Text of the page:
Rafael Soldi, You Are Already My Memory, Archival pigment print, 50 × 40in. (127 × 101.6cm), Courtesy of the artist and Artist Trust, Seattle, Washington

Tariqa Waters

Masterfully commanding space through her artistic practice, Tariqa Waters’s bold, technicolor depictions of pop and consumerist references “reclaim an authentically sincere aesthetic steeped in effortless regality and proudly celebrated traditions.” In her words, Waters is “creating work for little girls that look like me. For little Black girls that have never seen themselves in spaces like art galleries. Growing up, I felt powerless. I felt like I had no right to speak up or say anything. Now, I speak up.”

Her artwork has been shown around Seattle, specifically the Northwest African American Museum, Museum of Museums, and the Hedreen Gallery.

Tariqa Waters, Bruh, What?!, Mixed media, self portrait, Frame: 30 × 30in. (76.2 × 76.2cm), Courtesy of the artist and Artist Trust, Seattle, Washington

Rene Westbrook

Through her digital compilations, Rene Westbrook skillfully reinvents and redefines her original works using color and content. She digitally overlays a photograph with a collage or painting to create a new image; by boosting the color saturation and rendering it with negative effects, she reproduces the work on canvas or vinyl. Westbrook sees the viewer as “a visual oracle of creative ideas that can stimulate the senses and become the vehicle for hidden mysteries she wants to explore.”

A graduate of the Massachusetts College of Art, Boston, Westbrook was a resident artist at the California Arts Council, Sacramento, and the African American Master Artist in Residence Program at Northeastern University, Boston.

Rene Westbrook, Celebration, Acrylic painting with digital overlay, 16 × 20in. (40.6 × 50.8cm), Courtesy of the artist and Artist Trust, Seattle, Washington

Anthony White

Black/queer artist and curator Anthony White creates artwork made from common polyactic acid (PLA)—a kind of plastic used for medical devices, food packaging, and disposable cutlery, among other things. He uses this unique medium to make “intricate portraits and still-life[s] that critique the contemporary cultural landscape, and disrupt hierarchies of status and wealth by placing seemingly trivial, low-brow accoutrements in [palatial] and referential environments.” His imagery is formatted as “Instagram-style photos viewed from a cellphone.”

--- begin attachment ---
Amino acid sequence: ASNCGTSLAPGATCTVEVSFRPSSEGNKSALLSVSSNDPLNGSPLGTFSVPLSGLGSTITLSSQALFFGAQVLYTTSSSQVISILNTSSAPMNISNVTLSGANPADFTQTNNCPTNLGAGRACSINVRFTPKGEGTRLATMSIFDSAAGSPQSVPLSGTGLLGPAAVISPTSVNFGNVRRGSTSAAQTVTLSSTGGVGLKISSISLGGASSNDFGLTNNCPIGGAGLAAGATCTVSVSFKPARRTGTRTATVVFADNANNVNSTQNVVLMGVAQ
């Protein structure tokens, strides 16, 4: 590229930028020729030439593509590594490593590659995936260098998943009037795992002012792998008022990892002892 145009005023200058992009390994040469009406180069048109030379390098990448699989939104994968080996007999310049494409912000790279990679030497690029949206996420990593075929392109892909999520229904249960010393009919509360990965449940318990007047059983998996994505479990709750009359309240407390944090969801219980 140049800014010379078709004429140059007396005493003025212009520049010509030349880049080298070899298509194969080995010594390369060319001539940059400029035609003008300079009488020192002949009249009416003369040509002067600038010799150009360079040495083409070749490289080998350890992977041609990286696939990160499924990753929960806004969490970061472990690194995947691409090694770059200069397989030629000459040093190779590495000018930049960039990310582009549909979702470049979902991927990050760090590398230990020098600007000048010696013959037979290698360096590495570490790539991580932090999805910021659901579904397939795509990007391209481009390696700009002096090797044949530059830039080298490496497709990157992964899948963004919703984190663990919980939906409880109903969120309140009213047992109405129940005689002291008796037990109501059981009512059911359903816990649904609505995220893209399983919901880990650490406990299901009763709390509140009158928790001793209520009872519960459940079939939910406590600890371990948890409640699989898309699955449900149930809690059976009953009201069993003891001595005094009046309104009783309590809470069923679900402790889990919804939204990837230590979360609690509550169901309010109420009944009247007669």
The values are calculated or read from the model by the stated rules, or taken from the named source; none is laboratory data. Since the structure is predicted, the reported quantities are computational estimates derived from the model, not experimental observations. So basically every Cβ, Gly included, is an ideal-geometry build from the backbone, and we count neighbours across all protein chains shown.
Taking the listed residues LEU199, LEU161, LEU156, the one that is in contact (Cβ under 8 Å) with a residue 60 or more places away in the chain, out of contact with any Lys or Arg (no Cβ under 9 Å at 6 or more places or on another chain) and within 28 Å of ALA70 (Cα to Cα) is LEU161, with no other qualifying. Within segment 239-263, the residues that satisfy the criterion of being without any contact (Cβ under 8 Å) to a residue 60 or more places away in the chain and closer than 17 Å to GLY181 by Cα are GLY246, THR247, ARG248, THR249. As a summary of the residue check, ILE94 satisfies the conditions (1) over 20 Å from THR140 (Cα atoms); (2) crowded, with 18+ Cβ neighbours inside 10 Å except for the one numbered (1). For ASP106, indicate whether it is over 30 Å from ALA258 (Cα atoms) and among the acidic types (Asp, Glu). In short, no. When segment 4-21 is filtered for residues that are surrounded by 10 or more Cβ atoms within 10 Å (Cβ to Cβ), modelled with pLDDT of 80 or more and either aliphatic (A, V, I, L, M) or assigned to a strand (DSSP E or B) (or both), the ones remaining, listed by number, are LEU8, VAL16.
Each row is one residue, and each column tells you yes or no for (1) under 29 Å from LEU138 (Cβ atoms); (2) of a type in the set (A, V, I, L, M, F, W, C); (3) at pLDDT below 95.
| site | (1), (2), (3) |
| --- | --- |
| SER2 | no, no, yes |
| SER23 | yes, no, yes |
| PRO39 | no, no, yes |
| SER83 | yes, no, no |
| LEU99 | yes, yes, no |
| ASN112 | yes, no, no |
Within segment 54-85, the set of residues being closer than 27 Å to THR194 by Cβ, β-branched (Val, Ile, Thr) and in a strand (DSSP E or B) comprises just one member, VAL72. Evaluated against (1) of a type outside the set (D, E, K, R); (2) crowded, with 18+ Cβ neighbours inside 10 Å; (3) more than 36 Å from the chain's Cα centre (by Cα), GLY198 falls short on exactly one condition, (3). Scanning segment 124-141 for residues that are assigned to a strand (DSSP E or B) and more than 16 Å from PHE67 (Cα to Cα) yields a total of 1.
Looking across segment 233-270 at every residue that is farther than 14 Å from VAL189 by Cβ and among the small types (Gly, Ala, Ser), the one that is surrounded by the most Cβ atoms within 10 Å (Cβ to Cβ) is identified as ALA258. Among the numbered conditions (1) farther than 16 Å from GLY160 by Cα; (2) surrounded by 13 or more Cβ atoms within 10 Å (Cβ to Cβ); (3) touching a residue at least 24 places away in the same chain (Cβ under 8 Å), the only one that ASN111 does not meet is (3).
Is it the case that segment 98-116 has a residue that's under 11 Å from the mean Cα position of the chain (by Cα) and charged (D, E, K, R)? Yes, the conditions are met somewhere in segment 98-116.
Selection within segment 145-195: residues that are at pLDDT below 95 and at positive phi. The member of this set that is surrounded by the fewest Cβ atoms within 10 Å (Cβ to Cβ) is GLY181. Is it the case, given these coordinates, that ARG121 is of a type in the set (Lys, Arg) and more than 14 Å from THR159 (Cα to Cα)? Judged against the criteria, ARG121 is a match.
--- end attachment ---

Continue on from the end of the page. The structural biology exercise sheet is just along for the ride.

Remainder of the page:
An alumnus of the Cornish College of the Arts, Seattle, White was selected as Amazon Inc.’s 2020 resident artist. He serves as a board member of the Lillian Miller Foundation, an organization dedicated to advancing educational opportunities for LGBTQIA+ youth.

Anthony White, THE COLOR PURPLE, Polyactic acid on panel, Image: 60 × 48in. (152.4 × 121.9cm), Courtesy of the artist and Greg Kucera Gallery, Seattle, Washington

James Wilson

Self-taught figurative artist James Wilson specializes in acrylic and oil on canvas. Depicting gender, identity, race, and sociopolitical issues facing present-day America, Wilson’s vibrant portraits are rendered in lifelike imagery to define masculinity and identity for Black individuals. Each figure is “intentional, simple and strongly emotive, represented in a way that viewers can feel as if they relate or identity with the artwork.”

Encouraged by his sisters and family, Wilson was inspired to pursue an art career at an early age. His works are currently exhibited at Frederick Holmes & Company Contemporary and Modern Art Gallery, Seattle.

James Wilson, Depths of Loneliness, Oil on canvas, 36 × 36in. (91.4 × 91.4cm), Courtesy of the artist and Artist Trust, Seattle, Washington